In my attempt to disambiguate my uncle, I may have done him a disservice. He was not just “King,” the cartoon superhero who outmaneuvered and killed enemy pilots, strafed ground positions with 50-caliber machine guns, and fired rockets and dropped bombs and napalm on human beings. These things happen in war. But by calling Karl by his other name, “King,” I am afraid that I have reduced him to one of those “empty, lifeless pictures” on which Aeneas fed his spirit so hungrily; I am afraid that I have reduced him to a name, though he remains as restless as Tennyson’s Ulysses. I have removed the saving daylight between him and his wartime nickname.
King, furthermore, is trapped in a language and a time charged with institutional injustices. King is white; King is privileged; King is powerful. But I would like to leave King on the wall. I want to give Karl back his ambiguity. For almost 80 years, King has had his role, as hero, in the linear and shifting world of narrative. Is it King who comes back to visit at intervals, cock-of-the-walk, playing the role of the hero and the fighter pilot? If so, it is Karl who makes me feel the elegiac dimension of memory. Had he been given a choice, how gladly, I suspect, he would have traded all of the adrenaline of flying for an unexciting posterity of three-dimensional action. The greatest loss in Karl’s early death is that he did not have a chance to examine, and perhaps surpass, his own cultural and racial assumptions. “Sad friend, you cannot change,” concludes “North Haven,” Elizabeth Bishop’s elegy for her close friend Robert Lowell. The facts of Karl’s life are set; only my interpretation of them can change now.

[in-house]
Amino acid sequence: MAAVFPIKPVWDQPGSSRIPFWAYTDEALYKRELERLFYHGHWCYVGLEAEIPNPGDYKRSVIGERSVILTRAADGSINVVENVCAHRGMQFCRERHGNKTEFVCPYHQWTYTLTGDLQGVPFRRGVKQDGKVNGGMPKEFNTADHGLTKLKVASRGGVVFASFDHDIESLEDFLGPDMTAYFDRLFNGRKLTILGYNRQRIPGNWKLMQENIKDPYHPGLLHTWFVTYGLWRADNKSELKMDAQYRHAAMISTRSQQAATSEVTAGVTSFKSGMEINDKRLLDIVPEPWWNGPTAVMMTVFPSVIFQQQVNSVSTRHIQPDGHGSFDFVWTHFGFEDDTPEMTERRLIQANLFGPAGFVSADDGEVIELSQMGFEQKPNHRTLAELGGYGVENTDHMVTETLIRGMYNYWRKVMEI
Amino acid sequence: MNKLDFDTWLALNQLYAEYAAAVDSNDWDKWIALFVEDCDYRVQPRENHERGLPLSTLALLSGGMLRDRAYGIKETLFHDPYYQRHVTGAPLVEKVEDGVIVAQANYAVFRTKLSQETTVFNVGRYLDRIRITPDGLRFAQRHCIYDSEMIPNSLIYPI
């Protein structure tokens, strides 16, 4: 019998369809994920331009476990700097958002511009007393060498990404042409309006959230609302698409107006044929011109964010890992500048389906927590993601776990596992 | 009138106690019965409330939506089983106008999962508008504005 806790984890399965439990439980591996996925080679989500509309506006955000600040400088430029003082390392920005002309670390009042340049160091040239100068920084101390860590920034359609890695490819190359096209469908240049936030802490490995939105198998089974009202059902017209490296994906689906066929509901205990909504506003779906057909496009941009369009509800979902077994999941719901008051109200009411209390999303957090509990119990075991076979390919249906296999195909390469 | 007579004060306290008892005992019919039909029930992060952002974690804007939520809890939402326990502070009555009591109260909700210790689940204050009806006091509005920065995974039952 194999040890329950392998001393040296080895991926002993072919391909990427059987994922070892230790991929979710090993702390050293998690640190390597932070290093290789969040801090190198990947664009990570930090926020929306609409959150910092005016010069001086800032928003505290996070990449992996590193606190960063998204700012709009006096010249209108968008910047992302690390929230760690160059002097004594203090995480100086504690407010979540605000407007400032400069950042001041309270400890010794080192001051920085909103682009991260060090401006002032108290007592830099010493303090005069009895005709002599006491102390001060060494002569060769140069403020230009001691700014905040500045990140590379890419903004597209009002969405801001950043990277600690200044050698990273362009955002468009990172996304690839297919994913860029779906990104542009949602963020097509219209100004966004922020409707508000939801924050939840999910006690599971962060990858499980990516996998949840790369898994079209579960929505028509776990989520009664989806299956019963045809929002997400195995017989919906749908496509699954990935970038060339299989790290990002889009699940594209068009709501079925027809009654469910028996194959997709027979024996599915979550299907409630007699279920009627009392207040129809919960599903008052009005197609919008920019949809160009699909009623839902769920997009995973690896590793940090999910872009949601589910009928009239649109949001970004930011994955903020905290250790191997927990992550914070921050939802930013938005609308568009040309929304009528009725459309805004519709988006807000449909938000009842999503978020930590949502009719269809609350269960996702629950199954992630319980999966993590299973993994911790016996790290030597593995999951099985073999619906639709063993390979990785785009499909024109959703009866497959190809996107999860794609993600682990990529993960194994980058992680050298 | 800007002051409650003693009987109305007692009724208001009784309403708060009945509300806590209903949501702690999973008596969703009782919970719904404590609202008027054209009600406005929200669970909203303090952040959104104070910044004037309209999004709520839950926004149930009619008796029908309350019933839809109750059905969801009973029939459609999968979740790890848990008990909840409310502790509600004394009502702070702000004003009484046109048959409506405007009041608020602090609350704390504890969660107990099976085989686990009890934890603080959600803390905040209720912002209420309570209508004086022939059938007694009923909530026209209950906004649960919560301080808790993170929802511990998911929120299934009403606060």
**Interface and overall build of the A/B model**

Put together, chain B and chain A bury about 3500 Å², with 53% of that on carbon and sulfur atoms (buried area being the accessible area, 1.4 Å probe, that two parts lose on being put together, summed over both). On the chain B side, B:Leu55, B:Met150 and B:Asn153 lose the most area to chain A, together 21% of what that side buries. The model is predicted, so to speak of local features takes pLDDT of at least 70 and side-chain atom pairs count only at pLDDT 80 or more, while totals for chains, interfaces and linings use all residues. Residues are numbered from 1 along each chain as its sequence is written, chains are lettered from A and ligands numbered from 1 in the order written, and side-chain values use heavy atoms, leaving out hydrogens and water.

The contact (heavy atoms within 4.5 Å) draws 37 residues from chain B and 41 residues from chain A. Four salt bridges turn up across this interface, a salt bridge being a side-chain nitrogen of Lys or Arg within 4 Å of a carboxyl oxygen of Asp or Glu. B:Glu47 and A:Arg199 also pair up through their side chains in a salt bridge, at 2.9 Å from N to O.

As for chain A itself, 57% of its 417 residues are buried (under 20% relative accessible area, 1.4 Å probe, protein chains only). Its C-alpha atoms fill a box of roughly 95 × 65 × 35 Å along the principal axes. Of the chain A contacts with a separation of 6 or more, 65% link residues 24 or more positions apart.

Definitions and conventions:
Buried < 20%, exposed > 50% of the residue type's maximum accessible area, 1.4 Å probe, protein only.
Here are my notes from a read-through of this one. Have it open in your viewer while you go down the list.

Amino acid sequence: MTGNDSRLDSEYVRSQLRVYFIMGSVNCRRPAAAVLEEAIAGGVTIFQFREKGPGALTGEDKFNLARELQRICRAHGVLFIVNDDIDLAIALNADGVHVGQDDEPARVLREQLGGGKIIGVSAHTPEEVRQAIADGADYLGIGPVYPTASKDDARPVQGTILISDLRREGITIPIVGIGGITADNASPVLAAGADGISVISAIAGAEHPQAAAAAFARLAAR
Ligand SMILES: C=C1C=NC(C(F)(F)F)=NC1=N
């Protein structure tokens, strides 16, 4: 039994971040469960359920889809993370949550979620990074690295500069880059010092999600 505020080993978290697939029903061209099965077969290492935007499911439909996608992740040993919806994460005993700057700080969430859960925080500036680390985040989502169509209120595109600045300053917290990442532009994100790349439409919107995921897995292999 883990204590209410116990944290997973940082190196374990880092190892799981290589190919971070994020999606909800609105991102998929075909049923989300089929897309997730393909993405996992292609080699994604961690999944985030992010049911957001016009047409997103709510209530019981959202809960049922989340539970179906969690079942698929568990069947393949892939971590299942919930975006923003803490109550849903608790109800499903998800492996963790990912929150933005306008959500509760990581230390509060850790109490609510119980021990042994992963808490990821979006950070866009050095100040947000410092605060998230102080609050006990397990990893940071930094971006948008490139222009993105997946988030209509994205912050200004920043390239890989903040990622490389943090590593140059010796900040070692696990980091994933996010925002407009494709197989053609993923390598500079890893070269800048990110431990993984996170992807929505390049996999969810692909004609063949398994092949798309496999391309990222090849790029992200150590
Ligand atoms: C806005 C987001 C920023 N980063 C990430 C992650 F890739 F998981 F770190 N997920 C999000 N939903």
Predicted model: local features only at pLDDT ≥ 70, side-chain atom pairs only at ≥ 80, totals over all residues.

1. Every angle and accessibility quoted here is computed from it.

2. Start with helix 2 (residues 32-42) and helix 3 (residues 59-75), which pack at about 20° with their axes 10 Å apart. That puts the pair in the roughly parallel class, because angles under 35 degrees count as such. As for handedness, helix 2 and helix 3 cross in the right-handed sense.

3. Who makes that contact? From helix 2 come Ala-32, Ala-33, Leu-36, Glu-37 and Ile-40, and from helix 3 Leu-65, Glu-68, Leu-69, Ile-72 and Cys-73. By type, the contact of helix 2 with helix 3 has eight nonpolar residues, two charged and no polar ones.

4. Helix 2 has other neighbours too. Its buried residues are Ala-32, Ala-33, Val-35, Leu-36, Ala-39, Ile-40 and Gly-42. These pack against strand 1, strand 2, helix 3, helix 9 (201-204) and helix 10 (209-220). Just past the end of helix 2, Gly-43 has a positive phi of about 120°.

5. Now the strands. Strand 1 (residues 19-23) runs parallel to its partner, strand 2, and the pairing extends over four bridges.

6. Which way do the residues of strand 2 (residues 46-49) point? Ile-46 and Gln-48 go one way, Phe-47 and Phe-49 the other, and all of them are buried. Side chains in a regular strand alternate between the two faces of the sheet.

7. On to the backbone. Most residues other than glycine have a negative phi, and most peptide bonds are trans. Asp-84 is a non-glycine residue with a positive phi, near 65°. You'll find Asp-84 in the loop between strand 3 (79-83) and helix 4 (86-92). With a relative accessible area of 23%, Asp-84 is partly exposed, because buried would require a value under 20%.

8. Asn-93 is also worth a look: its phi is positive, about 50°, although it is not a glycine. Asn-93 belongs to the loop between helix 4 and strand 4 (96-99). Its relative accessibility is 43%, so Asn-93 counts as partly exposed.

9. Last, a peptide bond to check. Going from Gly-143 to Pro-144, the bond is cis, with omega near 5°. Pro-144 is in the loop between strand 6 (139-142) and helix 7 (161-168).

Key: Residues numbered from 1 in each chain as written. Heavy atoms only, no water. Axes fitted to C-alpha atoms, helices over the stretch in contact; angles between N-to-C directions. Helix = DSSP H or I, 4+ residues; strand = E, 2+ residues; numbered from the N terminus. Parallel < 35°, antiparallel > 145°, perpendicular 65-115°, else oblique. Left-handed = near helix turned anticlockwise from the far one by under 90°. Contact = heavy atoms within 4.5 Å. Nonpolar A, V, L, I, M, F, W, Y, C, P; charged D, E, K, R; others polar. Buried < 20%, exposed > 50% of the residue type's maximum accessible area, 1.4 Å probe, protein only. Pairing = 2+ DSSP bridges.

Like the submarine currents that must have tugged at King’s clothes on his first day under the sea, there is not an antinarrative but a counternarrative to this war story: the ordinary human story of what might have happened but did not. At the end of his memoir about a later and different war, Tobias Wolff describes the way he thinks about a friend he lost: